Step into a Fairy Tale at “The Sleeping Beauty” with Boston Ballet

I’ve heard from a lot of readers lately who are huge Disney fans but are not local to any of the theme parks and who may not be able to visit them often so they’re wondering what they can do to get a little but of Disney magic either at home or in smaller day trips and other vacations.

I’m planning on writing a  post all about the different events and experiences you can find locally that will give you a similar sense of ‘magic’ but one way I like to experience the same level of storytelling outside of the theme parks is by attending ballets and Broadway-style shows, especially if they follow one of the stories you’re familiar with from Disney films or from the parks.

We recently attended Boston Ballet’s The Sleeping Beauty at the Boston Opera House, and I’m so excited to share everything we loved about it so you can get an idea of how these kinds of experiences can give you that little fix of magic!

Lia Cirio and Boston Ballet in Marius Petipa’s The Sleeping Beauty; photo by Liza Voll Photography, courtesy Boston Ballet.

(Boston Ballet graciously provided me with complimentary tickets to The Sleeping Beauty. All thoughts and opinions expressed herein are my own.)

Marius Petipa’s The Sleeping Beauty translates the classic fairy tale into a beautiful ballet complete with elaborate costumes, set designs, and a talented group of dancers from Boston Ballet. Petipa (1818-1910) is considered the “father of classical ballet” a status that is evident through the choreography on display in The Sleeping Beauty. This performance features additional choreography by Sir Frederick Ashton (1904-1988) whose signature English style adds to Petipa’s classical choreography in this rendition of The Sleeping Beauty.

Kathleen Breen Combes and Boston Ballet in Marius Petipa’s The Sleeping Beauty; photo by Liza Voll Photography, courtesy Boston Ballet.

The musical score by Tchaikovsky sets the tone for the performance, and it includes “Grande valse villageoise” (or “The Garland Waltz”) which you may recognize as the classic song in the Disney animated feature film as “Once Upon a Dream.” During this week’s performances, the orchestra is conducted by Ming Luke, who worked with Boston Ballet during the 2016 performances of The Nutcracker and is currently the principal guest conductor for San Francisco Ballet.

The set design for The Sleeping Beauty may have been my favorite of any ballet in recent years. The forced perspective used in the backgrounds for the various scenes combined with the intricate level of detail put into the designs really made it seem as though the setting was much more expansive than the actual size of the stage. The sets were designed by David Walker, who was also responsible for  the stunning costume designs you see on the dancers themselves who truly look to be right out of a fairy tale.

Related Post // 5 Reasons to See a Ballet on Your Trip to Boston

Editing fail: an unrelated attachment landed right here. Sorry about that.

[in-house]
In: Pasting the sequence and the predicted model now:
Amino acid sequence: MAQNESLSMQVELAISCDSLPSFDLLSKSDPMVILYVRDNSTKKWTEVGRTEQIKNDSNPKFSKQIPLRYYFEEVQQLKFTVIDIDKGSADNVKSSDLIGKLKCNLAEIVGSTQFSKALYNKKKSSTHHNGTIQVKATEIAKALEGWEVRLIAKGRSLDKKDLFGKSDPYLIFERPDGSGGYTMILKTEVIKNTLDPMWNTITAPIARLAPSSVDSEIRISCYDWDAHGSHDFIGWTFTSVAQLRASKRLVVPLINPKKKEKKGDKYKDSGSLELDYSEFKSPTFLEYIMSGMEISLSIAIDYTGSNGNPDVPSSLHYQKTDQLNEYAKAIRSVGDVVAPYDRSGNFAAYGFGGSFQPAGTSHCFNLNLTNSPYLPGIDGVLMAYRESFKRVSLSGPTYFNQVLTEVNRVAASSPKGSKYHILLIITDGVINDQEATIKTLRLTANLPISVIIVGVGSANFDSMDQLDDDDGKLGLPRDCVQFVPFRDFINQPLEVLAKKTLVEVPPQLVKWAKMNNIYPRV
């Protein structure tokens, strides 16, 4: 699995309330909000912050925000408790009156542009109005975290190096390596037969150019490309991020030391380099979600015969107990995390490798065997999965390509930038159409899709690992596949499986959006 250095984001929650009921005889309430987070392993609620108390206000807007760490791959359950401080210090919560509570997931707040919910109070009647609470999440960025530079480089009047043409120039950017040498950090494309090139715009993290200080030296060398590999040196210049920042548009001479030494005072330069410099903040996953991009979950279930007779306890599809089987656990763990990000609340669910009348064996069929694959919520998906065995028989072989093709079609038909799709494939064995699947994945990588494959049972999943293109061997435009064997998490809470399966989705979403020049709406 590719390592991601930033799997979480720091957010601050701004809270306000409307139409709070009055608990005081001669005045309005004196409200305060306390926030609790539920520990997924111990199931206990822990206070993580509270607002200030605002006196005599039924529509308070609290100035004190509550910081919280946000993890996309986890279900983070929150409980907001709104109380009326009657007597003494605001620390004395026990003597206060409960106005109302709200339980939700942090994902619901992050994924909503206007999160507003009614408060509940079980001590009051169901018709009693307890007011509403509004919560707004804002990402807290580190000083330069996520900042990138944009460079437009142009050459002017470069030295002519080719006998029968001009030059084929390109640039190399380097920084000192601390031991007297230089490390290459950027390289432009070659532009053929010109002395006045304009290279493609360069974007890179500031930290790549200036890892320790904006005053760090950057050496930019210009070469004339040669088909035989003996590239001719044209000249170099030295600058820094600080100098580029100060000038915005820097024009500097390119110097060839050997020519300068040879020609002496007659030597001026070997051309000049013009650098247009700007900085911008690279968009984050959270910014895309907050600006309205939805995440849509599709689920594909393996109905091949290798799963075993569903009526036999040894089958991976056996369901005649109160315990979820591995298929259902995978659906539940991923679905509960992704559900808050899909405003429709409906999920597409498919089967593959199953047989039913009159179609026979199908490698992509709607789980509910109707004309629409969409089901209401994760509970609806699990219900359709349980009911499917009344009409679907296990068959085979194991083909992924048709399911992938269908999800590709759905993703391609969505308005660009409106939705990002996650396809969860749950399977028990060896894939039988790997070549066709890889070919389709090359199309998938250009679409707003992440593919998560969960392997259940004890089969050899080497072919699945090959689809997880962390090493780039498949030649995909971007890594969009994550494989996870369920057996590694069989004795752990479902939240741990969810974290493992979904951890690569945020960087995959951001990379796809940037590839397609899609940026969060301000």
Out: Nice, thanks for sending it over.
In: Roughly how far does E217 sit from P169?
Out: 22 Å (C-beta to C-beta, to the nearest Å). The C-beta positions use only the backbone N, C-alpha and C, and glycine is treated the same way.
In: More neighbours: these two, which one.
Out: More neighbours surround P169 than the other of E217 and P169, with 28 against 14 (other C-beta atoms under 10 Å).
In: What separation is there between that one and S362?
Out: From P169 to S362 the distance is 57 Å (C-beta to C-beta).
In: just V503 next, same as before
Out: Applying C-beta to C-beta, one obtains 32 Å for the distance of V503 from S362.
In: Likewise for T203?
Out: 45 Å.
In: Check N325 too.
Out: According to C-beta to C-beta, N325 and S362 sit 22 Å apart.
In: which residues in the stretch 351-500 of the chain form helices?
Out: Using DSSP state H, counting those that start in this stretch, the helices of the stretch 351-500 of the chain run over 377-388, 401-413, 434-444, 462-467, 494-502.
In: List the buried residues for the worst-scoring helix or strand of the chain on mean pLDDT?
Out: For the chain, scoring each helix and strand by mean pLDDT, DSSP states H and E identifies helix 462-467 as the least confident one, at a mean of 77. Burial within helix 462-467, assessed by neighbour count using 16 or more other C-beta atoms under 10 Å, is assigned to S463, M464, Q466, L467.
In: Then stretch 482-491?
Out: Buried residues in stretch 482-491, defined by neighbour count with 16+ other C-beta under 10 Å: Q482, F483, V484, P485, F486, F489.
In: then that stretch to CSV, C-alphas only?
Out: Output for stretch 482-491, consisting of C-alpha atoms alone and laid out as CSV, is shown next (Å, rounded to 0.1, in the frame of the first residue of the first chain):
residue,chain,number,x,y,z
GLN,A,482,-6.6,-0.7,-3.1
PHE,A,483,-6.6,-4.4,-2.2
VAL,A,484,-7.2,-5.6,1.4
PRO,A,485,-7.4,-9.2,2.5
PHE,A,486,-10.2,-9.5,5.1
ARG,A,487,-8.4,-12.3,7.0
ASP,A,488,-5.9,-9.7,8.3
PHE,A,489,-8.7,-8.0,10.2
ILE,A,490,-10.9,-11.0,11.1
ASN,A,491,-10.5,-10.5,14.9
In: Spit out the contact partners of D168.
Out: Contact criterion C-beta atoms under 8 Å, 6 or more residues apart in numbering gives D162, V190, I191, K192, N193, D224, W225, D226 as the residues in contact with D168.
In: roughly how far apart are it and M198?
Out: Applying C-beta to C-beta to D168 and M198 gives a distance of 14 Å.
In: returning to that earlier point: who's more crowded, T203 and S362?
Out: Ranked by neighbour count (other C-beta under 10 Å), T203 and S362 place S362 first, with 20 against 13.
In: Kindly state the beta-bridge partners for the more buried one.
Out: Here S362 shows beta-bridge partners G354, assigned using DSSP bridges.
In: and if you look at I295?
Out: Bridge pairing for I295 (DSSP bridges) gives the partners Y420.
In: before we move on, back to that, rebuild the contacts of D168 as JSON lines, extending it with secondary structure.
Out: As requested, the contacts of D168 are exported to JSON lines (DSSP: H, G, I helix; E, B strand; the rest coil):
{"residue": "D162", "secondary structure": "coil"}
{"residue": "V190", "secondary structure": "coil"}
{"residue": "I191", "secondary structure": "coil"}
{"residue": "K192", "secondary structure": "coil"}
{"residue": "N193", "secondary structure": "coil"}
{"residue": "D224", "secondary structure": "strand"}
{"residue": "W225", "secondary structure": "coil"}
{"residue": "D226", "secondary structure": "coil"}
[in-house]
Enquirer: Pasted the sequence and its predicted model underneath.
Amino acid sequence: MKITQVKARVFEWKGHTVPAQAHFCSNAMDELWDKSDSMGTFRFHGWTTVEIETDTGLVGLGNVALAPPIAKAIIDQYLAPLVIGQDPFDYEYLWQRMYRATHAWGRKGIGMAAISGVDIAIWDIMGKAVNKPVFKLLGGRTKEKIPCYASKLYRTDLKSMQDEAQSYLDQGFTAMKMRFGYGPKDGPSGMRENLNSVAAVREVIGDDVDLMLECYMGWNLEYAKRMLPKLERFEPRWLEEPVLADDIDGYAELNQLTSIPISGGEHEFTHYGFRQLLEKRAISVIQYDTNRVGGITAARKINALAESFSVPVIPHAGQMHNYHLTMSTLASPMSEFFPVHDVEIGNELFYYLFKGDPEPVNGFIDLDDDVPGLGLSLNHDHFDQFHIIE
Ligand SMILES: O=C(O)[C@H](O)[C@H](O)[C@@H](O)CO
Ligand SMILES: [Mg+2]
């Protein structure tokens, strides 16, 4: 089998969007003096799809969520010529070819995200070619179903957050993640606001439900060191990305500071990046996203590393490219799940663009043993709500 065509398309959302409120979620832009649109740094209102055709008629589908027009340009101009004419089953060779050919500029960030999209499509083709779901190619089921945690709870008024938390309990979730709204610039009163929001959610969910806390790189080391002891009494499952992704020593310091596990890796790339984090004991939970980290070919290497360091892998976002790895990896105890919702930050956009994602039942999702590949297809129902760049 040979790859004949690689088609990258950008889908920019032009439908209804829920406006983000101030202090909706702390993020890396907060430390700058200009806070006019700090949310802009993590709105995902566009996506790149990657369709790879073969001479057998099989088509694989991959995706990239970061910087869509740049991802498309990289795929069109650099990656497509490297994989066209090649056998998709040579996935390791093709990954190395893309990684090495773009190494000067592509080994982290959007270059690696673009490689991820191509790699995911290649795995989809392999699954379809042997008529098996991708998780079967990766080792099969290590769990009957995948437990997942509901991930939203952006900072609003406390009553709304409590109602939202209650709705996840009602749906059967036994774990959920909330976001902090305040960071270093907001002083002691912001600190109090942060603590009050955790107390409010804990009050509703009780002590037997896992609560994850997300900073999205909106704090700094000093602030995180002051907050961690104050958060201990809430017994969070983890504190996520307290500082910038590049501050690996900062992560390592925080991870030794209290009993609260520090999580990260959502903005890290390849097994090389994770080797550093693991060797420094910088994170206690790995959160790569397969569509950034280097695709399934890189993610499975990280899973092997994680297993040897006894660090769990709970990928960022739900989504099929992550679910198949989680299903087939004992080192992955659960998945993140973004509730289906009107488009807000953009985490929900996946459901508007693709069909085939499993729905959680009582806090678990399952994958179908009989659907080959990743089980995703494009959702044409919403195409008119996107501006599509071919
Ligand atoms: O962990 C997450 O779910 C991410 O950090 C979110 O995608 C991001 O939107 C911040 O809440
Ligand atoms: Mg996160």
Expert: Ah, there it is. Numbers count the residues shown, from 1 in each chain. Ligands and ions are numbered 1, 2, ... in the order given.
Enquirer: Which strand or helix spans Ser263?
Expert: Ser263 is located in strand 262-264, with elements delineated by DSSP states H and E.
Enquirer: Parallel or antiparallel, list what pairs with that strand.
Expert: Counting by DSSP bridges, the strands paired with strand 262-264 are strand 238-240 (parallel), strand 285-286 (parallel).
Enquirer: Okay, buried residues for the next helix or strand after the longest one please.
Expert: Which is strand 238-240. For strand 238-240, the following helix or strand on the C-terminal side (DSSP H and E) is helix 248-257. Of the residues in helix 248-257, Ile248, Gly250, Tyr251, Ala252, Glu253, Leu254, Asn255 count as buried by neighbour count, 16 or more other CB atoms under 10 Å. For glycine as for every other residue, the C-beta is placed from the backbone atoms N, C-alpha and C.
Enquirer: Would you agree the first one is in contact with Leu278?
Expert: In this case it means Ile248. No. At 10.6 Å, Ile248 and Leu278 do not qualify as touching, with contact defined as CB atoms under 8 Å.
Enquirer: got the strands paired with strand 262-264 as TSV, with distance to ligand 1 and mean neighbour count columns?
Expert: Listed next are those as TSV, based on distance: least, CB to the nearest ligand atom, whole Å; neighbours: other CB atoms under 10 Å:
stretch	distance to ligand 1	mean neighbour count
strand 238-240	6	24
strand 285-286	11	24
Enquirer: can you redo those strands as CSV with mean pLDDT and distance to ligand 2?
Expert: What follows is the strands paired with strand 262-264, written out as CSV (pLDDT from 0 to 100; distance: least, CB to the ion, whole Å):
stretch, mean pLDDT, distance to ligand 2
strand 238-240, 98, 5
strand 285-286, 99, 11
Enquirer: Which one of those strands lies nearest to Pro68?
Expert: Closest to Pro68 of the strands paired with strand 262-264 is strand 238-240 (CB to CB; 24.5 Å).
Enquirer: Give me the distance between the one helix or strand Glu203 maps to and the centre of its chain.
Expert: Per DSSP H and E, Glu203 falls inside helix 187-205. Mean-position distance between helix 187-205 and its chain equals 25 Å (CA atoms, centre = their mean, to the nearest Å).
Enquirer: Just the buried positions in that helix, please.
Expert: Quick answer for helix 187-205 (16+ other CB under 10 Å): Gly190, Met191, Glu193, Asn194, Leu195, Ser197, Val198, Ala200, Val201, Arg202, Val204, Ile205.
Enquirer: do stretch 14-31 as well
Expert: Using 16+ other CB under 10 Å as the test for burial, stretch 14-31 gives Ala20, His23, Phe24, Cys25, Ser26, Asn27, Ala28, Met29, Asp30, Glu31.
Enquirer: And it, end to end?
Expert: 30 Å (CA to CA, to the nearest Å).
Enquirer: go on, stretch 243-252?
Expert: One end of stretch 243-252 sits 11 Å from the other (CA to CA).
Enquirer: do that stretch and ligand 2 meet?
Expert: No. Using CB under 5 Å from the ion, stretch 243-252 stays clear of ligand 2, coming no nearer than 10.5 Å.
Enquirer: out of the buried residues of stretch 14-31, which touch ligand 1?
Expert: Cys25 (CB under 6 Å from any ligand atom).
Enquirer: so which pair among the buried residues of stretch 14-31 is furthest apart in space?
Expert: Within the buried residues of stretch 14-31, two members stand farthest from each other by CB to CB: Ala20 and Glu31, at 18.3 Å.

Maria Baranova, Patrick Yocum, and Emily Entingh in Marius Petipa’s The Sleeping Beauty; photo by Liza Voll Photography, courtesy Boston Ballet.

Seeing a performance like The Sleeping Beauty really does leave you with the same feeling you have when you step through Sleeping Beauty Castle in Disneyland or walk past the mosaic on the interior of Cinderella Castle in Walt Disney World. Seeing a ballet like The Sleeping Beauty or any other more familiar fairytale stories can also be a nice way to introduce younger kids to the world of ballet. While I do think seeing a ballet for the first time is a lot like visiting one of the parks for the first time (as in some kids may be ‘ready’ for it at a younger age whereas others are not, and it’s totally up to the parents to make this decision for themselves) ballets with a familiar story like The Sleeping Beauty can often work well for younger kids.

With performances being over two hours long having a story that kids already know can make it easier to follow and hold their interest easier than a story they’ve never encountered before. Moreover, if you’re looking for any excuse to pick up a fancy dress (or the adorable fairy wings sold during the performances!) this is definitely an experience where you can bring the kids wearing their best. You can learn more about attending a ballet with kids on Boston Ballet’s FAQ page.

Lia Cirio, Lasha Khozashvili, and Boston Ballet in Marius Petipa’s The Sleeping Beauty; photo by Liza Voll Photography, courtesy Boston Ballet.

Tickets for Boston Ballet’s The Sleeping Beauty start at $35, and with just five performances (through May 19, 2018), I would get your tickets asap! This ballet was the perfect kick-off to spring (which has finally arrived here in Boston) and it was one of the most memorable Fantasyland-esque experiences I’ve had outside of the Magic Kingdom. Tickets are available online at bostonballet.org or by calling the box office at 617-695-6955.

✨ P.S. if you aren’t visiting Boston until next spring, you can still see experience a classic fairy tale with Boston Ballet as next season includes performances of Cinderella. ✨

 

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